Why SEC Teams Not Rated in WWII?
As someone who has only recently come to College Football (ESPN now carries good coverage in Australia) I have located a number of sites with information/statistics (and now yours) and I have encountered a puzzle.
What does it mean when quite a few S.E.C. teams are marked as "Not Rated" around the time of the Second World War"? Your assistance in this matter would be much appreciated.
Answer (Tex got from Bo):
I think this might be what happened:
Vanderbilt and some of the other smaller schools played "informal" schedules (not the usual 5-6 required SEC games and some games against military bases) and were not counted in officlal SEC standings. I think in 1953 or '44 Vandy only played 5-6 games total because of travel restrictions and lack on manpower - Seems like that might have affected 1-2 other schools (maybe Ole Miss).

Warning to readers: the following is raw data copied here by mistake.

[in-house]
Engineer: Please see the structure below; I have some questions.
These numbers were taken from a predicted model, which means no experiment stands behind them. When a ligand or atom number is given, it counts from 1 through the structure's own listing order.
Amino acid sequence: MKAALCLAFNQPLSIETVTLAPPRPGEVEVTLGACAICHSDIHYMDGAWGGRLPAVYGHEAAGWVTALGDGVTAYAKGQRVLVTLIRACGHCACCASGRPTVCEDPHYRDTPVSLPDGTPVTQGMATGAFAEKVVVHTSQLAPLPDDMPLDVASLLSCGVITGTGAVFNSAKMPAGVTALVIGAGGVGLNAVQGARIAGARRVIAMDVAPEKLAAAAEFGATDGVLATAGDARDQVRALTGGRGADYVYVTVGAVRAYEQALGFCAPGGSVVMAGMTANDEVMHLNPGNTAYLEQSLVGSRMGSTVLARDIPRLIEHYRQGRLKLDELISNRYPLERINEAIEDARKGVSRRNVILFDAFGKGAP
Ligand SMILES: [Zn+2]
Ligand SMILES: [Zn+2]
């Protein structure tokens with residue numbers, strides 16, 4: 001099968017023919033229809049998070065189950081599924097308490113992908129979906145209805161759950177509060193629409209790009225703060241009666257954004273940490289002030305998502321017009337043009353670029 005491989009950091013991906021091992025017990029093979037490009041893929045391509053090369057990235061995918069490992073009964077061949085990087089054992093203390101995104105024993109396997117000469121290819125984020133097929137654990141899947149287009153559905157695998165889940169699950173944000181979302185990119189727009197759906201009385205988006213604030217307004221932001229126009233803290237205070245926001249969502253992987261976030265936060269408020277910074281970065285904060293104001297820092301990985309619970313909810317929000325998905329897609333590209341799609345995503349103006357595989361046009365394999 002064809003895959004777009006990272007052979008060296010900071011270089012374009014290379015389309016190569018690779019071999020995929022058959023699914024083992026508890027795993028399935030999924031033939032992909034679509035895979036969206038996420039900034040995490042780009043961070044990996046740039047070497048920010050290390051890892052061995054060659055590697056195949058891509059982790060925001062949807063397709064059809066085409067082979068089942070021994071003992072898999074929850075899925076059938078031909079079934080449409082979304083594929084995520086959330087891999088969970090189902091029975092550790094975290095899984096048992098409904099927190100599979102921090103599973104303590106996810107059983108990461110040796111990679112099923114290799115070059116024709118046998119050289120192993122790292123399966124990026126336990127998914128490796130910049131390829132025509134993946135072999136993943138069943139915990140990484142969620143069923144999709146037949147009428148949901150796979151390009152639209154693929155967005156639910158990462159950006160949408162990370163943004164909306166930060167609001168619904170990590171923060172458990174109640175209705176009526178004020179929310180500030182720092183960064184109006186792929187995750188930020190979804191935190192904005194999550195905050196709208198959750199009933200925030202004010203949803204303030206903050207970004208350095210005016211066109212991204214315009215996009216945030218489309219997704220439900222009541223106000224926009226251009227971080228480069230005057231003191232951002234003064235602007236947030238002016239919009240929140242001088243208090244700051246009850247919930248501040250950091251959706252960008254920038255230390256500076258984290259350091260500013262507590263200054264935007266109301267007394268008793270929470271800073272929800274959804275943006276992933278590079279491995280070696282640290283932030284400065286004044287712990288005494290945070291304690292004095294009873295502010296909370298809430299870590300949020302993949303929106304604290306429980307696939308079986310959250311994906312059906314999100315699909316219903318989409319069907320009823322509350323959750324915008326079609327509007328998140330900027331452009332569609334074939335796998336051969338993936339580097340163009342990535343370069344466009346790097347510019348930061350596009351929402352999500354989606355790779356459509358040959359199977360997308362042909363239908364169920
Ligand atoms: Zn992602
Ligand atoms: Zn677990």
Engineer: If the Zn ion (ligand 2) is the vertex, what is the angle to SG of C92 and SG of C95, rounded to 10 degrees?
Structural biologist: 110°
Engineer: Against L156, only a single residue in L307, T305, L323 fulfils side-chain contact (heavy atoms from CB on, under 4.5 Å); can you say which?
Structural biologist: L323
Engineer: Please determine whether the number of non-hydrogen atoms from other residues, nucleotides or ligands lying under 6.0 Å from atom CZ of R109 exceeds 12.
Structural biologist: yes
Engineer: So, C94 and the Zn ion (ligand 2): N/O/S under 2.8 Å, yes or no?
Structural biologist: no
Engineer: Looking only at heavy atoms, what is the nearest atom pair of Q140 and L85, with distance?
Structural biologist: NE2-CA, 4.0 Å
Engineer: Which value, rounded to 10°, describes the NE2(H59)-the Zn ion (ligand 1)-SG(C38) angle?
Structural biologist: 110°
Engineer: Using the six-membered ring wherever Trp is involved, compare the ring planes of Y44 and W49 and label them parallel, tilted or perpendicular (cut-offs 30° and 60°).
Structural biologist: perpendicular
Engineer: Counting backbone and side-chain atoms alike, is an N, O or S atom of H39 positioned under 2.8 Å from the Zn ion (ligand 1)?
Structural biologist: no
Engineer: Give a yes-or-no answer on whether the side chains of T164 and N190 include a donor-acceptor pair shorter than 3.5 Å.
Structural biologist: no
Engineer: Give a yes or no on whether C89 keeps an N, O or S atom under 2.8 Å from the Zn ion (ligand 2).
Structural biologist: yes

But, Tennessee, Georgia, LSU, and Mississippi State had large ROTC programs or V-2 training and kept their full conference status - I would have to look at SEC standings in 1942-44, but I think that's the case.
Best wishes, Bo Carter
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